The Doctor (David Tennant) along with his Companions Rose Tyler (Billie Piper) and her boyfriend Mickey Smith (Noel Clarke) are travelling through time and space when an explosion in the TARDIS causes it to enter a parallel world.  However, the TARDIS is outside the Time Vortex and the damage is just too great.  They may have to stay in this world forever.  This world, however, is similar to their own.  Rose and Mickey have doppelgangers of sorts, and Rose's father Pete (Shaun Dingwall), far from being dead, is not only alive but extremely successful, marketing a health drink with the tagline, "Trust me on this".  The Doctor tells Rose this ISN'T her father and to stay away, but of course she won't listen.  Mickey won't listen as much either, sensing that in this parallel universe, his late grandmother may be alive and well.

Can you tell I'm CRAZY?

As it happens, John Lumic (Roger Lloyd Pack), head of Cybus Industries, has been engineering a secret army made up of 'reprogrammed humans'.  The Preachers (as in 'the Gospel Truth'), a group of rebels, have been attempting to bring down this organization.  By sheer coincidence, when Mickey is visiting his alternate granny (and having a chance to stop her from falling down the stairs, what killed her in his world), Jake (Andrew Hayden-Smith), one of the Preachers, finds Mickey and takes him.  Seems he bears a striking resemblance to Rickey, the leader of the rebellion.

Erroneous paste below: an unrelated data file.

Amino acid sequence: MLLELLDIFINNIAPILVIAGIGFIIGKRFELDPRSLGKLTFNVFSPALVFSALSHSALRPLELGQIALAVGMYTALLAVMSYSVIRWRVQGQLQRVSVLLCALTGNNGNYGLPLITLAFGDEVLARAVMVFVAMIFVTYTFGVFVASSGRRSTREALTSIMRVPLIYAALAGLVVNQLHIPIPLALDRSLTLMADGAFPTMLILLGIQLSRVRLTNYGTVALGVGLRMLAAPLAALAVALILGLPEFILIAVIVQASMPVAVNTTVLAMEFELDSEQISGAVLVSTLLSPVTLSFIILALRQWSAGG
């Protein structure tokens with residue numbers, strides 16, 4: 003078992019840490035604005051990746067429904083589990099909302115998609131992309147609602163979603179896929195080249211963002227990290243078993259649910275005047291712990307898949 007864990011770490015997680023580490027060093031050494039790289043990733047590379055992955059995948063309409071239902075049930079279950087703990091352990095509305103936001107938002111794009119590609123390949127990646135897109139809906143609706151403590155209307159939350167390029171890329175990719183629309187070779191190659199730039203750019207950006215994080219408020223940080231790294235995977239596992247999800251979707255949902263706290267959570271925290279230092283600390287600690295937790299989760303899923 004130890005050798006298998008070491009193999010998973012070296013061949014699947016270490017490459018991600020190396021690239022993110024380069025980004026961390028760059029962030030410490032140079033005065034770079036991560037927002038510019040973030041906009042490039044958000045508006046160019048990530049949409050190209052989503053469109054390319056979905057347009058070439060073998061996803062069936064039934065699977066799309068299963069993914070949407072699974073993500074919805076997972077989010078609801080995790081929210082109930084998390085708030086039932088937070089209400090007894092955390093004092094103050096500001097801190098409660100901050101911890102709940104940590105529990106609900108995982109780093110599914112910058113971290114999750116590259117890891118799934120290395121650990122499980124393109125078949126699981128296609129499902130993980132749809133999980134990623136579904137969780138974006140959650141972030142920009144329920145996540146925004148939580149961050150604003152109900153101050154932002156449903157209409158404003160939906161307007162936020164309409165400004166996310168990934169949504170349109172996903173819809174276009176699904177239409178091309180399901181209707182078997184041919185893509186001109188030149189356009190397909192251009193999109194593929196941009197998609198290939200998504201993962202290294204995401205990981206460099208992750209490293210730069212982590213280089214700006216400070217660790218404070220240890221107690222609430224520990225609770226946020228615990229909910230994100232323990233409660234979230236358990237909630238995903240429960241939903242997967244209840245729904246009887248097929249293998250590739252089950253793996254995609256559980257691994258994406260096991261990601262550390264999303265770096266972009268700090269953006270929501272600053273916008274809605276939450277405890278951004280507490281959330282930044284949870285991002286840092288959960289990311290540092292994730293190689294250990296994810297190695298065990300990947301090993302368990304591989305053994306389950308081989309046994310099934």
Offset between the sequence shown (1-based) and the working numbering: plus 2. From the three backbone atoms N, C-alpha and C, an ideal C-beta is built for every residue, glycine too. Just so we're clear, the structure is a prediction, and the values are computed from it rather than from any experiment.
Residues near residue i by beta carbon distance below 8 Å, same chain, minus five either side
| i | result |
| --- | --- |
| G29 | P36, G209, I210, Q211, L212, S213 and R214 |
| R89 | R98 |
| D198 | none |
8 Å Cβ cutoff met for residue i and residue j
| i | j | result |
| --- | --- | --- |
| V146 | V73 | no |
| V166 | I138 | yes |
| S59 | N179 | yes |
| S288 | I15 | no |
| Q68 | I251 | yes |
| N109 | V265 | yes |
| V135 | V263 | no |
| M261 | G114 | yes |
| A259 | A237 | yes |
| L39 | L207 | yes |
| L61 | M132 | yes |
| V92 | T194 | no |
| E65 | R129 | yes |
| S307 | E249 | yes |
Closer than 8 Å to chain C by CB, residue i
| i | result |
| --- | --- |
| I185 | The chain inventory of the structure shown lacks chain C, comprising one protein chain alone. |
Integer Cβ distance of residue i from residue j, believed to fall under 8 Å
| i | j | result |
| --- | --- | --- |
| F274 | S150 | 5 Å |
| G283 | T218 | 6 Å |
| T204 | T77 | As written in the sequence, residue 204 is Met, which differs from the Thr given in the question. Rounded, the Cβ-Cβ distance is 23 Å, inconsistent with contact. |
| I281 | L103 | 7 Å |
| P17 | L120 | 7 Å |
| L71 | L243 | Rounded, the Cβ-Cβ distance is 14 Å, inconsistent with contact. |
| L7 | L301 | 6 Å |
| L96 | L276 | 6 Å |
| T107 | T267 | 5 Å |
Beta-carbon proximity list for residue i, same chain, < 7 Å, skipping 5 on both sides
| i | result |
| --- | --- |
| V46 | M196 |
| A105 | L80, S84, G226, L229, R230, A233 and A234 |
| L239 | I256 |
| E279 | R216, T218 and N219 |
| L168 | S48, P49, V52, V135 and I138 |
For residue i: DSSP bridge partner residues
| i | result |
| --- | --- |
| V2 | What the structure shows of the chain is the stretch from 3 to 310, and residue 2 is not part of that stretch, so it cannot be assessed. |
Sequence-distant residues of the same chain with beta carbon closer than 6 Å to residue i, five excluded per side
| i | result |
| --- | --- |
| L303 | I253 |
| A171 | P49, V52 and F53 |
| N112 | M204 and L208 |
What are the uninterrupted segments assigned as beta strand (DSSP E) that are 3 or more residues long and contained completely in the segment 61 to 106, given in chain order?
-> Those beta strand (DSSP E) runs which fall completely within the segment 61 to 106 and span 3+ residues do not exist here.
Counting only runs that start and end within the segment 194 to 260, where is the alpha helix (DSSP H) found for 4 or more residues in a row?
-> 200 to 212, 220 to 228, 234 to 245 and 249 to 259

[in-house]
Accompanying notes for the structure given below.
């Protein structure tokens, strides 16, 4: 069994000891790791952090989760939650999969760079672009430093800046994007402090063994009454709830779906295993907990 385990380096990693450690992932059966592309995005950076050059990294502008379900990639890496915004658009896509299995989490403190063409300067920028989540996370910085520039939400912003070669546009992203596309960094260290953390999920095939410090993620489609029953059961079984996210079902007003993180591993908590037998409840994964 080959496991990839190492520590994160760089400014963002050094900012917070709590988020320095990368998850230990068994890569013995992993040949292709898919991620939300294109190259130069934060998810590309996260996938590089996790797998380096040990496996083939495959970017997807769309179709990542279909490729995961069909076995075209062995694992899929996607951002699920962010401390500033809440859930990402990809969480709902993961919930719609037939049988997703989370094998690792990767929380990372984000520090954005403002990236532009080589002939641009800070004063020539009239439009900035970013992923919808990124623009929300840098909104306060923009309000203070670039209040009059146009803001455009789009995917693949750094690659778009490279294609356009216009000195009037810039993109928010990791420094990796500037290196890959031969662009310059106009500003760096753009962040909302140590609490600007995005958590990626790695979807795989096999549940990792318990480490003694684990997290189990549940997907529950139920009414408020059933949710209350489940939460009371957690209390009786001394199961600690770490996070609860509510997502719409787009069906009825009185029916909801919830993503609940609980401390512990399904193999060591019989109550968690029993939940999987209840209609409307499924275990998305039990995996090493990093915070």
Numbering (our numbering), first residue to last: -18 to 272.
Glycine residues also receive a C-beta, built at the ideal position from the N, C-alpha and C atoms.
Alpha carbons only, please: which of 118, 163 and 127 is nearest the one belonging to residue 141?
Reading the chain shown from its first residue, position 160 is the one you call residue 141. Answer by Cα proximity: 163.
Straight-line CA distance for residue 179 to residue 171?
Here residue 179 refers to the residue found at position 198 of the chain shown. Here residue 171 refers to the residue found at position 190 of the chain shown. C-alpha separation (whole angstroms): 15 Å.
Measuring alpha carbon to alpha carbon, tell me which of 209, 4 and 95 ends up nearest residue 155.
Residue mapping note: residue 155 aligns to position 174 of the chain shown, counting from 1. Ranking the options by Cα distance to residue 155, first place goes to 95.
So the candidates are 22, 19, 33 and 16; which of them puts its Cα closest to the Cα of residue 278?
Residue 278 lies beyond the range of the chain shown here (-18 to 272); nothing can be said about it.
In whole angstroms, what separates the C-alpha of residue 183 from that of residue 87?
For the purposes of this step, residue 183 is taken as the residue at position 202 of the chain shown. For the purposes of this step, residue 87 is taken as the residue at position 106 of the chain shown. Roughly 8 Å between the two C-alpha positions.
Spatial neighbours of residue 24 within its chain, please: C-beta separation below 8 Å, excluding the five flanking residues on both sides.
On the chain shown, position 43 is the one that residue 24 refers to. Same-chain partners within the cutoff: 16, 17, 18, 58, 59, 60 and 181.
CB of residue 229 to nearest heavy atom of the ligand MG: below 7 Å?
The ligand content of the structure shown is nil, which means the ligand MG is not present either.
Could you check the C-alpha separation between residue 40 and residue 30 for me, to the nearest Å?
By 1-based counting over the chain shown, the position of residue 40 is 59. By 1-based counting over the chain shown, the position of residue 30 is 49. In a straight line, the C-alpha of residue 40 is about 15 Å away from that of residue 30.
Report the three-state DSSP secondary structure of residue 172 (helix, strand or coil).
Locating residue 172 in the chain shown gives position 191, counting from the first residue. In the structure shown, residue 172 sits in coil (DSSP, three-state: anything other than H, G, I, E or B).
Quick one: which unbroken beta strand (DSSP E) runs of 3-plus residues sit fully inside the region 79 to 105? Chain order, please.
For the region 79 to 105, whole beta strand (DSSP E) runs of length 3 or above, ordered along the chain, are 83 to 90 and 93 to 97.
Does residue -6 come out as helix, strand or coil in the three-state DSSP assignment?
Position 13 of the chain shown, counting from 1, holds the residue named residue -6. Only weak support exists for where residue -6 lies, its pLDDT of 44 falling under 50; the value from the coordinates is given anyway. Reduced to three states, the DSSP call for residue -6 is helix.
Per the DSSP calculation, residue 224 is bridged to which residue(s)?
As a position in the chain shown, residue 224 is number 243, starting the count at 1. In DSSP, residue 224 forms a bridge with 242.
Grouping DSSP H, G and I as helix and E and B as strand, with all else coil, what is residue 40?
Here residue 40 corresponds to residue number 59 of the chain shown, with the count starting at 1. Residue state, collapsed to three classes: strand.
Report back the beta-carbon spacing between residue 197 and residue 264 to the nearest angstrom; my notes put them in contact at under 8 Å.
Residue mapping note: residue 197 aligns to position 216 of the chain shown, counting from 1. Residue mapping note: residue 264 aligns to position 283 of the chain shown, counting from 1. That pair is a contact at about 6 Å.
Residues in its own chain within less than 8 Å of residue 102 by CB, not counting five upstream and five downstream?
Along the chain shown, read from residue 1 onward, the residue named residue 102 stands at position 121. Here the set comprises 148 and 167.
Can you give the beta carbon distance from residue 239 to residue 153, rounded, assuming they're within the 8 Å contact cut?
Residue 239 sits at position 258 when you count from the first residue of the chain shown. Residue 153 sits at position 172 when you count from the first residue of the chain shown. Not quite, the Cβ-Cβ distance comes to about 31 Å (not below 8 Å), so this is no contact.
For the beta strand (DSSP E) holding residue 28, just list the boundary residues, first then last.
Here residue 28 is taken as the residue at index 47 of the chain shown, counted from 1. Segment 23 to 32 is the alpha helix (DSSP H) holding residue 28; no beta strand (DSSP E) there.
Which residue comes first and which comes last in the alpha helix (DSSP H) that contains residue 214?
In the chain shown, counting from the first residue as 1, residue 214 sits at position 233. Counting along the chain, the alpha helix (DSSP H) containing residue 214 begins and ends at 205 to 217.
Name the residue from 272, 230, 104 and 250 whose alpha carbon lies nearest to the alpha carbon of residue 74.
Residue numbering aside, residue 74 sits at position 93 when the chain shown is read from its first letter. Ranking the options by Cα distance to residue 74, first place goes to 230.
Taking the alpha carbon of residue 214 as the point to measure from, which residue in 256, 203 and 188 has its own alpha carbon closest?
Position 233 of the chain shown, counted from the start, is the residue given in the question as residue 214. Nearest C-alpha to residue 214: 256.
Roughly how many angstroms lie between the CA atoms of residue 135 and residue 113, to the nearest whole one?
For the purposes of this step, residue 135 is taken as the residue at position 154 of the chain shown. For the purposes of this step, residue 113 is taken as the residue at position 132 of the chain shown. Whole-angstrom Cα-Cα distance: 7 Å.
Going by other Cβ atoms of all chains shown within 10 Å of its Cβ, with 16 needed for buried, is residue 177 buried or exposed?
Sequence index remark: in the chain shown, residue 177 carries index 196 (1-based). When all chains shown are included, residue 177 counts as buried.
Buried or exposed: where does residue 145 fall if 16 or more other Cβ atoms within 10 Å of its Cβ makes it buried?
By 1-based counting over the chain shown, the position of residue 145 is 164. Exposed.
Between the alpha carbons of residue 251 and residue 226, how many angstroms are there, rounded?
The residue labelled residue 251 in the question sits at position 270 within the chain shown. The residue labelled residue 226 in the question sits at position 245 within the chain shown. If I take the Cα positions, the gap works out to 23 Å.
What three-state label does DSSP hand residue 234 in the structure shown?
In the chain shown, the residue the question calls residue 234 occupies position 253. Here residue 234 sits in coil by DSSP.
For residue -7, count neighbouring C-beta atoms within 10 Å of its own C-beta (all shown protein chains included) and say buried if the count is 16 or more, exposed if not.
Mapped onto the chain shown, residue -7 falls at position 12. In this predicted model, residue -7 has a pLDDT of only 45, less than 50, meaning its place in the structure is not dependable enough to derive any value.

The Doctor and Rose crash the Tyler's lavish party.  Rose discovers her alternate figure...is a literal dog.  Here, Lumic unleashes his deadly army...The Cybermen.  The Cybermen are in their minds Human Point Two, with everyone in the world be receiving an 'upgrade'. 

Part II: The Age of Steel

The Doctor recognizes the Cybermen and knows he cannot stop them there and then.  Fortunately, Rickey/Mickey and the rebel alliance arrives, helped by a mysterious inside man known as Gemini who has been tipping them off about Lumic's activities.  As it is revealed, Gemini is none other than 1 Percenter Pete.  Now it is up to the Doctor to stop Lumic's mad plan to 'upgrade' the world and make everyone a Cyberman.  Rickey has been 'deleted' (read, killed) in the chaos, and we have now three groups breaking into Cybus Industries HQ.  One group consists of the Doctor and Mrs. Moore (Helen Griffin), a member of the Preachers who has lost her family to the Cybermen.  Group Two is Jake and Mickey (the latter finally forcing his way into the action after being a wimp in every episode).  Group Three is Pete and his 'daughter'.